The Trademark Trial and Appeal Board (TTAB) recently held that expansive discovery of electronically stored information (ESI) will normally not be necessary in registration proceedings. Although the scope of discovery in TTAB cases is defined by Rule 26, Fed. R. Civ. P and is technically identical to the scope of discovery in civil actions, the TTAB held that, due to the narrower scope of issues to be determined, "the burden and expense of e-discovery will weigh heavily against requiring production in most [trademark opposition and cancelation proceedings]," Frito-Lay North America, Inc. v. Princeton Vanguard LLC, 100 U.S.P.Q.2d 1904 (TTAB 2011). The TTAB did, however, note that ESI must be produced "where appropriate." The decision also highlights the importance of parties agreeing in advance on ESI-related issues rather than engaging in motion practice after the fact.

In this case, Frito-Lay opposes the application by Princeton Vanguard to register PRETZEL CRISPS for "pretzel crackers" on the grounds that the term is generic or merely descriptive. In responding to the opposer's discovery, the applicant initially identified more than 1,600,000 electronic files of potential relevance and claimed that its attorneys manually reviewed more than 85,000 of these files, incurring attorneys' fees of approximately $200,000 in doing so. At the time of the motion, applicant had produced more than 137,000 pages of documents.

In turn, Princeton Vanguard sought documents from Frito-Lay regarding, inter alia, the internal communications of Frito-Lay's business staff to learn what terms they used when discussing the relevant products and market. Frito-Lay's production, in response, was much less robust. Frito-Lay identified document custodians and asked them to search their own files and computers, but its ultimate production included no emails and few internal, non-public documents. In conferring prior to the filing of Princeton Vanguard's motion to compel, Frito-Lay claimed that a broad attorney-supervised search and retrieval of electronic data would have cost up to $100,000. In its response to Princeton Vanguard's motion to compel, Frito-Lay argued that the expense of this effort would far outweigh any benefit.

In its decision, the TTAB noted the parties' failure to reach an agreement on electronic discovery during their mandated initial discovery conference. "Having failed to reach agreement with opposer on many of the most crucial ESI-related issues in advance of parties' productions," said the TTAB, "applicant cannot fairly insist now, after the fact, that opposer must start its ESI search and production over, this time engaging in a process similar to applicant's, especially where opposer characterizes applicant's efforts as excessive rather than merely extensive." The mere fact that the applicant chose to engage in disproportionate document collection and review does not mandate that the opposer do the same.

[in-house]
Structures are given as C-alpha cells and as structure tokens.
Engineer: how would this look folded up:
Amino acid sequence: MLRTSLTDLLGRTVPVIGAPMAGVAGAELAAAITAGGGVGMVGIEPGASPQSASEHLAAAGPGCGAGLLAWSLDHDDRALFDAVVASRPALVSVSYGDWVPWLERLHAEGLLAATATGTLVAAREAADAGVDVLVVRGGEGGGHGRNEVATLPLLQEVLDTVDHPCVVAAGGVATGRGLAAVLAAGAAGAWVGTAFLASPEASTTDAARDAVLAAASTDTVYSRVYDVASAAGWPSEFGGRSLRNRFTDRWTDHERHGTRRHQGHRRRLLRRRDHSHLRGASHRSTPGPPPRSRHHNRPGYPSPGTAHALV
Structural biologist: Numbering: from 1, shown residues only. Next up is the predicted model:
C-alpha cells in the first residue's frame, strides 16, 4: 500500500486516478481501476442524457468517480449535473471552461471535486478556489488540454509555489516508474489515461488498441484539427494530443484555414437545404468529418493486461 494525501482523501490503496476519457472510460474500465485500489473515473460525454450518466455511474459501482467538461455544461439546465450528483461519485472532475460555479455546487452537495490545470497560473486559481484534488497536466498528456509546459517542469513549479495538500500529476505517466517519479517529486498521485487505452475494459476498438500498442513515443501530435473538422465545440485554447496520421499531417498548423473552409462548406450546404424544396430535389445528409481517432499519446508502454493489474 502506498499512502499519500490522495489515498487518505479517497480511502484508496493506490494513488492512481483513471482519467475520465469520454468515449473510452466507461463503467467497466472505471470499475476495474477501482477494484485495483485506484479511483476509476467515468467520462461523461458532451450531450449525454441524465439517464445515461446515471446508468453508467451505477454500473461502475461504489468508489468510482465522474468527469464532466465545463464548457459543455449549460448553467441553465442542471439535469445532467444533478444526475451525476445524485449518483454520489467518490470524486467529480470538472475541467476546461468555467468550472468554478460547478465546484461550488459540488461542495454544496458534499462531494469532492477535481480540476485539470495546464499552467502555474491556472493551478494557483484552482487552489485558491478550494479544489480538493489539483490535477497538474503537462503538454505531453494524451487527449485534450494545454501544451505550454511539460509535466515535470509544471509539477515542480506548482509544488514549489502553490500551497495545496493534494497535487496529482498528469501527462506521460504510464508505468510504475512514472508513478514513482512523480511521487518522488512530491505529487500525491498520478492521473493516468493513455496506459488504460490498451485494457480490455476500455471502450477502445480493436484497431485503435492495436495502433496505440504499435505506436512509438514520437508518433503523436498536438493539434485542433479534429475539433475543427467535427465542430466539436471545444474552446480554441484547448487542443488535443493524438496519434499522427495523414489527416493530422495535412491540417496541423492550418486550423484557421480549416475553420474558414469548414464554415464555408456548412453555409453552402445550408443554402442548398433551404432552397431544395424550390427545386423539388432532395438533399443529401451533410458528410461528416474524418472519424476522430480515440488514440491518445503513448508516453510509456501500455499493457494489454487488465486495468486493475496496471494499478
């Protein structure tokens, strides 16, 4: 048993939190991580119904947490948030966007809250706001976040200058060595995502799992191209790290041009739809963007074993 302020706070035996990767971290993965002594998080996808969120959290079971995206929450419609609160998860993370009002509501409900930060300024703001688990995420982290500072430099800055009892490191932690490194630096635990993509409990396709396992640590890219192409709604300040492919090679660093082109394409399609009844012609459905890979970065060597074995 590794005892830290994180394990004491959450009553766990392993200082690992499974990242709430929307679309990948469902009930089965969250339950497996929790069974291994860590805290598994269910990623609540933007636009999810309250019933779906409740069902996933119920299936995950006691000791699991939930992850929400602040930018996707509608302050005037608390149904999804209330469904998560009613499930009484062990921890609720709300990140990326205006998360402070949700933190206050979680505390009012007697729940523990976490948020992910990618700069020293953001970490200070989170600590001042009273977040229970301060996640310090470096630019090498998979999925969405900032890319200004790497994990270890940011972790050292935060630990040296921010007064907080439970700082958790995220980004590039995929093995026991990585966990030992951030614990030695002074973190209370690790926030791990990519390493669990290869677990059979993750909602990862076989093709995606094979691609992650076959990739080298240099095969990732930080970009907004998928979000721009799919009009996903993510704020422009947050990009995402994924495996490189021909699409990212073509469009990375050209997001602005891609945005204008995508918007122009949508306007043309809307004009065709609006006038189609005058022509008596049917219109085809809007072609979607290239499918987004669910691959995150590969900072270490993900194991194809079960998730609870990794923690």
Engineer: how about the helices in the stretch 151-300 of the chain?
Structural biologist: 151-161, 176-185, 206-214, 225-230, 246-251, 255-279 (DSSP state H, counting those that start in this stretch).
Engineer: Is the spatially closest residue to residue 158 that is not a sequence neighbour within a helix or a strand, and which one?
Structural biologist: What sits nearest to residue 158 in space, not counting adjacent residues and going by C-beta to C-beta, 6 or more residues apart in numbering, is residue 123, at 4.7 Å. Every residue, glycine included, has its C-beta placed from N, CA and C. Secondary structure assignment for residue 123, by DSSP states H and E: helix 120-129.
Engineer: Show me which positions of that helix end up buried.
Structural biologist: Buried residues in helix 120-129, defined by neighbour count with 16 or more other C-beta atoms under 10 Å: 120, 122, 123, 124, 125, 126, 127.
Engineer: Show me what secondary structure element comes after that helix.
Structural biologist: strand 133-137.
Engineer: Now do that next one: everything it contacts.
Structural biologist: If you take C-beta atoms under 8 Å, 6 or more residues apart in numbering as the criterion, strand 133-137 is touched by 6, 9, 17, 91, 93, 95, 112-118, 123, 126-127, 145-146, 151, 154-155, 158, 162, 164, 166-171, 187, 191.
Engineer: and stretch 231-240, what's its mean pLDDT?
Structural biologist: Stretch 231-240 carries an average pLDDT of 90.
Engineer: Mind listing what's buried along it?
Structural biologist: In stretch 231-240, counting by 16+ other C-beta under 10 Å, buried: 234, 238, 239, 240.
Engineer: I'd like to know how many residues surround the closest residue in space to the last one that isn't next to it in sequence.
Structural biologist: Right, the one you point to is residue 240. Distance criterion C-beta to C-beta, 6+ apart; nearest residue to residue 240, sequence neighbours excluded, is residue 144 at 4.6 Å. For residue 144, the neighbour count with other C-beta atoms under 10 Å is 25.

The TTAB focused on the issue of "proportionality," and cited to the Federal Circuit's recently-issued E-Discovery Model Order, which questions "the practice of gathering huge amounts of information at the front of a case and running broad key searches as the issues emerge" - precisely what the applicant was advocating. The Model Order also states that "email production requests shall only be propounded for specific issues, rather than general discovery of a product or business."

The TTAB therefore held that due to "the narrowness of the issues" it must decide, and the concerns expressed by the Federal Circuit, the "burden and expense of e-discovery will weigh heavily against requiring production in most cases." However, the TTAB went on to hold inadequate Frito-Lay's response to certain targeted requests, concerning how they internally referred to the product category and its decision to offer a product in that category. It ordered production of "representative samples" of such documents within 30 days.

The TTAB's decision in Frito-Lay offers some helpful guidance to parties perplexed about the TTAB's expectations concerning discovery of ESI. While it does not impose bright-line rules, it suggests that a party seeking massive and expensive ESI discovery will have an uphill fight in justifying that effort and expense. The decision also cautions parties to take seriously their obligations to meet and confer on ESI issues during the mandatory initial discovery conference. A party is unlikely to compel an extensive ESI search after an initial production if it did not address that issue at the outset of the case. Where electronic discovery is needed, the TTAB makes clear that parties should "be precise in their requests and to have as their first consideration how to significantly limit the expense of such production."

A copy of the TTAB's decision may be found at

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